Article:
Analyzing the Back-to-School Spend

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As children across the U.S. head back to school, it’s instructive to look at the results of an annual survey released this summer by the National Retail Federation and Prosper Insights and Analytics, which predicted that families will spend less this year than last year on back to school expenses.

Total spending for K–12 schools and college combined is projected to reach $80.7 billion, down from last year’s projected $82.8 billion, according to an analysis of the survey data by Coresight Research. The decline in the overall number is due largely to a decreased number of households with children in elementary through high school. Those households that do have children in school, however, plan to spend more on average in 2019 than last year.

Families with children in elementary school through high school plan to spend an average $696.70, up from $684.79 last year and topping the previous record of $687.72 set in 2017. With fewer families surveyed saying they have children in grades K–12, total spend is expected to be $26.2 billion, down from last year’s projected $27.5 billion.

Families with college students are expected to spend an average $976.78, also up from last year’s $942.17 and also topping the previous record of $969.88 set in 2017. Again, with fewer survey respondents saying they are attending college, spending is expected to total $54.5 billion, down from last year’s record of an estimated $55.3 billion.

According to the survey, clothing and accessories will top K–12 families’ expenses at an average $239.82, followed by electronics such as computers, calculators and phones ($203.44); shoes ($135.96) and supplies such as notebooks, pencils, backpacks and lunchboxes ($117.49). K–12 families plan to do most of their shopping at department stores (53 percent), discount stores (50 percent), online (49 percent), clothing stores (45 percent) and office supply stores (31 percent). Among K–12 shoppers, teens are expected to spend an average $36.71 of their own money, up from $30.88 just 10 years ago, while pre-teens will spend $26.40, up from $11.94 also 10 years ago.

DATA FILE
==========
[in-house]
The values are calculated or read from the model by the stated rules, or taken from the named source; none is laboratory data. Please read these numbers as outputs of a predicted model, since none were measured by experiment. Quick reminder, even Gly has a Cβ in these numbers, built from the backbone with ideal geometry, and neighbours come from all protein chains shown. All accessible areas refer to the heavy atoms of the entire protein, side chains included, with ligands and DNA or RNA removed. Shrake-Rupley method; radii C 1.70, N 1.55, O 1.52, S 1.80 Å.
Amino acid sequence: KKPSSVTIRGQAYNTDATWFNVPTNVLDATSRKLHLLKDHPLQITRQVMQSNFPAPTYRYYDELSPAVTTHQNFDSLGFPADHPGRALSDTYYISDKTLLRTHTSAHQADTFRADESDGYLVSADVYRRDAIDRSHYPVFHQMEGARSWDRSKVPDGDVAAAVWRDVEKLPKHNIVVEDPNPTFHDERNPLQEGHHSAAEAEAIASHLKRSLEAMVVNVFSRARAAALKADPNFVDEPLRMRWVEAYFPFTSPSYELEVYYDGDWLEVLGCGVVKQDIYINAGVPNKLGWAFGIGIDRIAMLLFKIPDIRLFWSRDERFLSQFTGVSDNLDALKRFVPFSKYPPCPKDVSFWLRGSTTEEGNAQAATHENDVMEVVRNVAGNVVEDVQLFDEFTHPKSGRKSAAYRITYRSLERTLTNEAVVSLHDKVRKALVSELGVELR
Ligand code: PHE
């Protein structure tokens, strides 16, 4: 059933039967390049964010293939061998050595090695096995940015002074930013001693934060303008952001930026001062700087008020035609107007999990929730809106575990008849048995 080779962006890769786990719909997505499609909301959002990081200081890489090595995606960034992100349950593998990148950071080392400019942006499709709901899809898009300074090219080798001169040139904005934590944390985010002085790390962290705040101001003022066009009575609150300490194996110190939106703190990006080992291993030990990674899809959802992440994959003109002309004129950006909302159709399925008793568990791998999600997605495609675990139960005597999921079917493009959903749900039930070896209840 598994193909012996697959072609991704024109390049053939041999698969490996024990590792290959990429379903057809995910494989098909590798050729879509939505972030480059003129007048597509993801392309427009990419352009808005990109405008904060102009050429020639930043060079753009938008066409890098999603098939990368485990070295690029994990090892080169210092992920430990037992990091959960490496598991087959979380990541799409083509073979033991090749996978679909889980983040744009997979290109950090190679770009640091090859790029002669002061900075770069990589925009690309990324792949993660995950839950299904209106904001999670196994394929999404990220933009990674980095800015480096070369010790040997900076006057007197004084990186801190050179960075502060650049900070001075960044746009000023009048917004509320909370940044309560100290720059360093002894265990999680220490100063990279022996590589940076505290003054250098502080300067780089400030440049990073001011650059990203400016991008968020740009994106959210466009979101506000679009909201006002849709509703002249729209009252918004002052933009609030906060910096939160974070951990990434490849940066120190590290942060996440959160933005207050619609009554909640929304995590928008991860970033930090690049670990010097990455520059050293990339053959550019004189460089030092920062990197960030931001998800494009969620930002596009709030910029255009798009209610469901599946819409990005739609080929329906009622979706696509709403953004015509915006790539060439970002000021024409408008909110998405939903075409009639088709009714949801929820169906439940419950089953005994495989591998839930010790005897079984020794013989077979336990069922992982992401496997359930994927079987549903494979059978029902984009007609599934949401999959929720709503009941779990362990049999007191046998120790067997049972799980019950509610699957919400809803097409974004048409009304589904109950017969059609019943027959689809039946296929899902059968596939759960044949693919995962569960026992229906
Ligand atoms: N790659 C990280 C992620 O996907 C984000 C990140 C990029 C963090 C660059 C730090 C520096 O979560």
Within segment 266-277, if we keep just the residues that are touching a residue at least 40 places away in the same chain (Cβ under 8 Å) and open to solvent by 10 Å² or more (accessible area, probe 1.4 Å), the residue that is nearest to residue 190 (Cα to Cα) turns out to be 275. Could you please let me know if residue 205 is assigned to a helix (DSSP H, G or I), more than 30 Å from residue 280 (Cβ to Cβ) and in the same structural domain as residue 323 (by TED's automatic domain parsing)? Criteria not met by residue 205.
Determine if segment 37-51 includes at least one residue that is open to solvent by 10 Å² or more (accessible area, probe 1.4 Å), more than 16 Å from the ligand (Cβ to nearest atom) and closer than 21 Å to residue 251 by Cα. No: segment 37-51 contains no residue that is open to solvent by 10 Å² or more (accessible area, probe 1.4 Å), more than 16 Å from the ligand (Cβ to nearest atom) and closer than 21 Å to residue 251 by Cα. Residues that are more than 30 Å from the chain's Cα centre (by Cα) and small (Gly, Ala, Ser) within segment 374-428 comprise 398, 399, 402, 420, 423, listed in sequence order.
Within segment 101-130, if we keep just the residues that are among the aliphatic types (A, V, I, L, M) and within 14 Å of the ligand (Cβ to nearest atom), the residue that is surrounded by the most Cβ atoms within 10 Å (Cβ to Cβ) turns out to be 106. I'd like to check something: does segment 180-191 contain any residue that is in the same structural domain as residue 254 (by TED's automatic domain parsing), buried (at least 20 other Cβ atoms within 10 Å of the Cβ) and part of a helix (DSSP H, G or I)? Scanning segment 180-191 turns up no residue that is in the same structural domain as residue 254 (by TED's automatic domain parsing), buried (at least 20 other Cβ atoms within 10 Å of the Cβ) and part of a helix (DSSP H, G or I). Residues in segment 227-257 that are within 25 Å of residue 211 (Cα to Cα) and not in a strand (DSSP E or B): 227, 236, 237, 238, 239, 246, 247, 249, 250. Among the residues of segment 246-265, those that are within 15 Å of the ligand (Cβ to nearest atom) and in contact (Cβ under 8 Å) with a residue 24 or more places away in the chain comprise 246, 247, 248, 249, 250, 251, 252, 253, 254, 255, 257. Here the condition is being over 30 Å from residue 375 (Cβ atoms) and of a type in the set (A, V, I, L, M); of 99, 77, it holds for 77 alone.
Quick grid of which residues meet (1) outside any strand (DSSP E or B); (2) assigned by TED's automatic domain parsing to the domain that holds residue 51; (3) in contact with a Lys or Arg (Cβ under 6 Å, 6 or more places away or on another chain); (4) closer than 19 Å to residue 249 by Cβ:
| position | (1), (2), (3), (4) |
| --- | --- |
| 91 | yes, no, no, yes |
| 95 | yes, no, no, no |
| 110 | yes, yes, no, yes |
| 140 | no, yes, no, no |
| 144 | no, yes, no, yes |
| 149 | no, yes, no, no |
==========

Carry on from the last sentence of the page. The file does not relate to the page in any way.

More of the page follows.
College shoppers plan to spend the most on electronics ($234.69), followed by clothing and accessories ($148.54), dorm and apartment furnishings ($120.19) and food items ($98.72). They plan to do most of their shopping online (45 percent), followed by department stores (39 percent), discount stores (36 percent), college bookstores (32 percent) and office supply stores (29 percent). The survey of 7,660 consumers was conducted July 1-8 and has a margin of error of plus or minus 1.2 percentage points.

Source: National Retail Federation and Prosper Insights and Analytics